It seems like all novels about drug abuse, alcohol addiction, etc.., inevitably become a form of science fiction. They surf those disjointed, dream-like spaces -- seducing man from the first time he got buzzed from eating, drinking, or smoking something deliriant. These dope trips aren't rational, they aren't lucid, etc., but they still have a certain narrative coherence. It is like science fiction was created (... and in the beginning) by some belladonna-infused deity and formed into a perfect literary template to explain/capture all the paranoia and weirdness of the trips highs and lows.

It is impossible to read a novel about addiction without recognizing the author's fingerprints all over it. These novels are all memoirs of sorts. Their pages hold more truth than the Library of Congress. They are funky road trips through hell and PKD is the perfect acid artist for this vicious trip.

****

As I read 'A Scanner Darkly', I was haunted by the open wounds in the dialogue, the festering beauty of PKD's prose. These weren't scenes created ex nihilo. These pages all resonate like some haunted Totentanz. They chill like a Vanitas dream you can't quite escape. I can't remember what I wrote. The words, the melody, even the beat of what was once alive is now dead... and waiting for a trippy ressurection.

22 people found this helpful

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Profound

I first read this book as a daily opiate addict. I connected with it on an emotional level and felt understood in a lot of ways. I'm thankful to have escaped my own nemesis with minimal long term damage. It was interesting to re-read this on the flip side. I have great empathy for the characters and the millions of people they represent both deceased and still breathing.

21 people found this helpful

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Good but what the heck is going on

I liked it. It was engaging and kept my interest which far too few books do these days. However, I either missed it or it wasn't fully explained exactly what the heck was happening in the bigger picture ie with Donna and the guy from new passage. I would have liked to known... Oh well. Paul is a great narrator, I had no idea. I will listen to more of his if he does something other than Stephen King.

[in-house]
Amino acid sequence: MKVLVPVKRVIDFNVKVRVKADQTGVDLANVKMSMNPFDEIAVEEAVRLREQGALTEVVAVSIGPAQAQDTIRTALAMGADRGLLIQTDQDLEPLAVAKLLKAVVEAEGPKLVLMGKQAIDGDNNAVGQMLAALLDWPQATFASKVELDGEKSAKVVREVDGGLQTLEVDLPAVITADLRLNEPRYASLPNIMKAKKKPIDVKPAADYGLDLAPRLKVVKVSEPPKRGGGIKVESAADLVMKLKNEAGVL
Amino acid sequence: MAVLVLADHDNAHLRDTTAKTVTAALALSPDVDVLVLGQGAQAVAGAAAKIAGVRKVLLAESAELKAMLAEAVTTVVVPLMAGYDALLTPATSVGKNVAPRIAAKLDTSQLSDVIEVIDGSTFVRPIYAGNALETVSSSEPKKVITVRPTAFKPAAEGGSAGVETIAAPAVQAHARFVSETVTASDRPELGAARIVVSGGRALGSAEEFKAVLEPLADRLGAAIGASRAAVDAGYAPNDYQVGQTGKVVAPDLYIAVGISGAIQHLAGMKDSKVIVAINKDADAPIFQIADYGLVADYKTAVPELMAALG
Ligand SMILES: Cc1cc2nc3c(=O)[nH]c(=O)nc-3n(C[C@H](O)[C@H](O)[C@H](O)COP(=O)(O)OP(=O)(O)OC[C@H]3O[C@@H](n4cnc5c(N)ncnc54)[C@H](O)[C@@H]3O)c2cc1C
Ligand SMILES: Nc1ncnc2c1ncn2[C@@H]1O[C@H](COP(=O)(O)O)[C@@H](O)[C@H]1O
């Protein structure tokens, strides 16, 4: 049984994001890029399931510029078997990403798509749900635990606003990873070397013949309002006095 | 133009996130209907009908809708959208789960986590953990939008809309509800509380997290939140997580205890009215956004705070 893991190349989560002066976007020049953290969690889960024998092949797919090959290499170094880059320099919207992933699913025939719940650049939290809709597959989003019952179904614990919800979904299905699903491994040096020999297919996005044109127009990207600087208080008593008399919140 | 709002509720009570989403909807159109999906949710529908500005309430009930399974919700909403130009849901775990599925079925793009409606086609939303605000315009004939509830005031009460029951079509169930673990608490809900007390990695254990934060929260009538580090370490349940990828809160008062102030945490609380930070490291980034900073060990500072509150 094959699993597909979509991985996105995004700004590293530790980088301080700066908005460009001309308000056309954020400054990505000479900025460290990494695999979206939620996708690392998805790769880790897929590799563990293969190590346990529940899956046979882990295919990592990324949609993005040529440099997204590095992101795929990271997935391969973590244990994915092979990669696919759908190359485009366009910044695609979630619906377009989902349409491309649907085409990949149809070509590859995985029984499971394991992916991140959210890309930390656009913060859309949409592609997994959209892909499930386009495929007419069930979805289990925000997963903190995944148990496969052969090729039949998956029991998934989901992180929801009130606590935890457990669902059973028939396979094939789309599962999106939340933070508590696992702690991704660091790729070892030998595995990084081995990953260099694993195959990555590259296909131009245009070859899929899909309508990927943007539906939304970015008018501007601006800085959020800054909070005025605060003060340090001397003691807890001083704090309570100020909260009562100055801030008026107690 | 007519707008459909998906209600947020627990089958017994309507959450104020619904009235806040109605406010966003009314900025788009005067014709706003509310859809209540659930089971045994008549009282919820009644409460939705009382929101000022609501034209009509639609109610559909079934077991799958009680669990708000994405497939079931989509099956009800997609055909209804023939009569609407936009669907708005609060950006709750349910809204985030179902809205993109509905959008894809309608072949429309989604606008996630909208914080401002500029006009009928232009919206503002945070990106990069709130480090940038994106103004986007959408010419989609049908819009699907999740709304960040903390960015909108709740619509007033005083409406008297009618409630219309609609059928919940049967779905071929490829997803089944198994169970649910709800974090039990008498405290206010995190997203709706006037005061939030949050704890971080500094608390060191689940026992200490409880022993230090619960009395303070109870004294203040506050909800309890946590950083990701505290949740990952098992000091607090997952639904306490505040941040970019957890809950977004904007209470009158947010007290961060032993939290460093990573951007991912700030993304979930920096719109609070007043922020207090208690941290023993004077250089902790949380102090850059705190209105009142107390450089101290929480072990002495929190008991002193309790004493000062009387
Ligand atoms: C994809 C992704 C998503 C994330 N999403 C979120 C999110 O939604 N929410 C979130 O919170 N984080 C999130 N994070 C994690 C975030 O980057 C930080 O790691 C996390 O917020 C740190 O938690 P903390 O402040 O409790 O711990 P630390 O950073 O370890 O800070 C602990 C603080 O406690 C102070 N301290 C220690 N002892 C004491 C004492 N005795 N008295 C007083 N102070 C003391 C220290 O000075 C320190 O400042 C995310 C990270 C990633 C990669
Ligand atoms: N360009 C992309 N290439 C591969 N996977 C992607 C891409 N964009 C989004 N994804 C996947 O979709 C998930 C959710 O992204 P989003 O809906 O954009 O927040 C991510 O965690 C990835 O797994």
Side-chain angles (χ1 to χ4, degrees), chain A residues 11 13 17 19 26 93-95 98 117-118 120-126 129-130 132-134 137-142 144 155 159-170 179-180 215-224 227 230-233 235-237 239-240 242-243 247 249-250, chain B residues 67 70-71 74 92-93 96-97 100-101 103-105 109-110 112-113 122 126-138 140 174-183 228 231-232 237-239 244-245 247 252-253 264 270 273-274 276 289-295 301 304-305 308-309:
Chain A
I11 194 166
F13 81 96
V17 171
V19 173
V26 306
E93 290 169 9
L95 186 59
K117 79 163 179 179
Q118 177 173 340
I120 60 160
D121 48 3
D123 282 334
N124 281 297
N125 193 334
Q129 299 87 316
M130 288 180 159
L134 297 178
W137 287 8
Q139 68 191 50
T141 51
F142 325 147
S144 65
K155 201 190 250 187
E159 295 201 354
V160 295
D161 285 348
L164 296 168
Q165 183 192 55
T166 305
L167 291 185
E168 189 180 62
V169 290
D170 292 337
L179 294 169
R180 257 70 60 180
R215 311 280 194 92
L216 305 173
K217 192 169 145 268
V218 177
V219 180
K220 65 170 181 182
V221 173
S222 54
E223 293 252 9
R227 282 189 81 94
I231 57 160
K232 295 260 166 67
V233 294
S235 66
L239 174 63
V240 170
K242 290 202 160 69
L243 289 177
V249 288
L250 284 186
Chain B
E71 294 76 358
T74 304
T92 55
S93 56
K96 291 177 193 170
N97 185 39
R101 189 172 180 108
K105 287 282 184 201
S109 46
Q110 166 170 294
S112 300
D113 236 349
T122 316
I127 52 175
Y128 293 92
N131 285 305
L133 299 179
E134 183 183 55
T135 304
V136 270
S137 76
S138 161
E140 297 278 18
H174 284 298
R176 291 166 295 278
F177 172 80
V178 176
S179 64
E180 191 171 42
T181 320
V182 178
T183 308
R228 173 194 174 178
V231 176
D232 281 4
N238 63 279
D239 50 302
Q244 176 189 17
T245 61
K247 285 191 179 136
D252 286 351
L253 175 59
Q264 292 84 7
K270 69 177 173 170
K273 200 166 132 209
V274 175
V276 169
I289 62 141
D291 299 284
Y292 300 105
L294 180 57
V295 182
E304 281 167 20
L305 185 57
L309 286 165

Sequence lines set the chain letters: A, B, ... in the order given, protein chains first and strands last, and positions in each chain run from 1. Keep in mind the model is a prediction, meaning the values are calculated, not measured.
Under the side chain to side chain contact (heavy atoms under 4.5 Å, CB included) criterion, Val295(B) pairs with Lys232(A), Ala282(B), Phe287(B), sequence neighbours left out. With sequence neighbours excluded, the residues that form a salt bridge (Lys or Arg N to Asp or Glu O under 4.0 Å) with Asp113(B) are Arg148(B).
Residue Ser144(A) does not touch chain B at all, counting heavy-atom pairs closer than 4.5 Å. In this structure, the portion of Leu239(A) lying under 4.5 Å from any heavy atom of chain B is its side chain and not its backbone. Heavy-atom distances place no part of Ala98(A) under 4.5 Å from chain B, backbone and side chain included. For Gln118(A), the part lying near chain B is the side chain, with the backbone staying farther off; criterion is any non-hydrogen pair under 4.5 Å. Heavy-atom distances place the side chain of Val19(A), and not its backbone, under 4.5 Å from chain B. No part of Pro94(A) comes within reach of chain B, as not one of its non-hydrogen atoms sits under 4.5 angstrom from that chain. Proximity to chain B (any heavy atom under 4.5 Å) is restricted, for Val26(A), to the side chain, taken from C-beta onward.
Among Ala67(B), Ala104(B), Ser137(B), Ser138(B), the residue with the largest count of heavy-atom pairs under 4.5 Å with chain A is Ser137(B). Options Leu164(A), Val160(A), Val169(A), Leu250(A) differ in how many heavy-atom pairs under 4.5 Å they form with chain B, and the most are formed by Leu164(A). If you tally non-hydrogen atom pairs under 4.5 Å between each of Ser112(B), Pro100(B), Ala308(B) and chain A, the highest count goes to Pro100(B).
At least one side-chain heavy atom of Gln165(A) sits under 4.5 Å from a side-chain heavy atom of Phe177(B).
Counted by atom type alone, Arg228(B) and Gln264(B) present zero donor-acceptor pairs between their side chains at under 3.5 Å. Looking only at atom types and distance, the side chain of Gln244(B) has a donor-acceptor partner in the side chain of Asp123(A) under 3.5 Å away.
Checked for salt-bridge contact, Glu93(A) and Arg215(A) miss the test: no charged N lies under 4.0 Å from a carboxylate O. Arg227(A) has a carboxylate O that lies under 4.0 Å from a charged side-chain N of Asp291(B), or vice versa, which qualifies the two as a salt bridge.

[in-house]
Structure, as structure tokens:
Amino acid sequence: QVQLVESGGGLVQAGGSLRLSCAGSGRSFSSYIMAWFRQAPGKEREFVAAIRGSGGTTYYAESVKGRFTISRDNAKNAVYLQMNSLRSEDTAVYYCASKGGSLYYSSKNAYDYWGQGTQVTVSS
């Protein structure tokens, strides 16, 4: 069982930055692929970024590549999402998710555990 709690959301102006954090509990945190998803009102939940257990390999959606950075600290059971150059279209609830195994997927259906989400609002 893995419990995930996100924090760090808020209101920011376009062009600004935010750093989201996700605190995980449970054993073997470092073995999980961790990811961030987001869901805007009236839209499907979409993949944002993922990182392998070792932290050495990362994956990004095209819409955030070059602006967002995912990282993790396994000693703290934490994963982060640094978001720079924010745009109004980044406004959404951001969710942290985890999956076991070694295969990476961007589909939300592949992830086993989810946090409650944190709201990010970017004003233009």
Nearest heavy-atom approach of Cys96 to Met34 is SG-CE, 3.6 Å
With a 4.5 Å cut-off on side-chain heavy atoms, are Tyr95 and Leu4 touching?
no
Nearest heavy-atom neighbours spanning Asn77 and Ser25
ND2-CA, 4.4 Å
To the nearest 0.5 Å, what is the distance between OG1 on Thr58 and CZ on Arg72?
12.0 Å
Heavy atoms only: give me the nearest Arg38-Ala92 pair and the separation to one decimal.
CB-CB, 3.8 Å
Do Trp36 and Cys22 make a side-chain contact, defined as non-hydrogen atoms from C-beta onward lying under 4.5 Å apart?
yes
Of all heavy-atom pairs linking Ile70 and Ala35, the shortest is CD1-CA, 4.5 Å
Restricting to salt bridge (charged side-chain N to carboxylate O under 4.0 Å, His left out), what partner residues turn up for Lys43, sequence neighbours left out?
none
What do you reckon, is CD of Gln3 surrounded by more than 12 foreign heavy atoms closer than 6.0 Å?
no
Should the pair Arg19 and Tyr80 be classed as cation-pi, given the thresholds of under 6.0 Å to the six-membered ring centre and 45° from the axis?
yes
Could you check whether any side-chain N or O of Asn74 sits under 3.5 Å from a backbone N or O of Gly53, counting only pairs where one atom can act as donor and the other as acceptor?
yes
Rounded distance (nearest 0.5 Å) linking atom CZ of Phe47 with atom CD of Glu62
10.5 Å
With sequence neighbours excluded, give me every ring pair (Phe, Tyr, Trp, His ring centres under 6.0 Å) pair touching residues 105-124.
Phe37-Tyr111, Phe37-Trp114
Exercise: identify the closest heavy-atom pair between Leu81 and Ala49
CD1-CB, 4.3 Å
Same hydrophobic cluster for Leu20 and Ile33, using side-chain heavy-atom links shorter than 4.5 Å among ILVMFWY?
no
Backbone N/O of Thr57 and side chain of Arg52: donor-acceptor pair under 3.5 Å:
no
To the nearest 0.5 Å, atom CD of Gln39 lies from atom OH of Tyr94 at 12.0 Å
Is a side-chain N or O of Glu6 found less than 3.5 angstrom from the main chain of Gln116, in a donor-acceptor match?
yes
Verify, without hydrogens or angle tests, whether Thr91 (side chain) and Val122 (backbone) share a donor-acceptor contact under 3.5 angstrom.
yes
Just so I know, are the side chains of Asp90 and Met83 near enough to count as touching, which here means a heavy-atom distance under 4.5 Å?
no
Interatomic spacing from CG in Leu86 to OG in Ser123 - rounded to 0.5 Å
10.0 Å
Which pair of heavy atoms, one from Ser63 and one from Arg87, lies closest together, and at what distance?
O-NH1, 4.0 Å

21 people found this helpful

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    3 out of 5 stars
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A long, drugged out rant

I have heard that PKD didn't spend a lot of time editing his work. If he had, he would have removed the nonsensical ranting about nothing that makes up the first half of the book. The second half is interesting, and the narrator is decent, but your credit is better spent elsewhere.

17 people found this helpful

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Hard to Rate

This book is hard to rate for a few different reasons. The narrator does a great job and I enjoyed istening to him. Most of the characters had there own voice but not an over the top one. The story for me became very hard to follow but the author may have written it that way purposely. All and all it was worth listening to once but I don't plan on ever listening to this title again.

12 people found this helpful

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    4 out of 5 stars

Listen for the narrator alone!

I can't say enough good things about Paul Giamatti's narration of this excellent book. It was a great book to listen to - especially because of the narrator. Great story, great characters - highly recommend it!

11 people found this helpful

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    5 out of 5 stars

heartbreaking

I can't say enough good things about "A Scanner Darkly" or about Giamatti's narration. Note that this story is pretty hard going. If you want a less sad and heavy introduction to Dick, try the "Minority Report" short story collection.

11 people found this helpful

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  • David
  • 07-08-19

Giamatti Nails It

Perfect casting. Paul Giamatti’s various intonations, character voices and general growl are well-matched companions to PKD’s gruelling, hilarious and tragic journey through the psyche.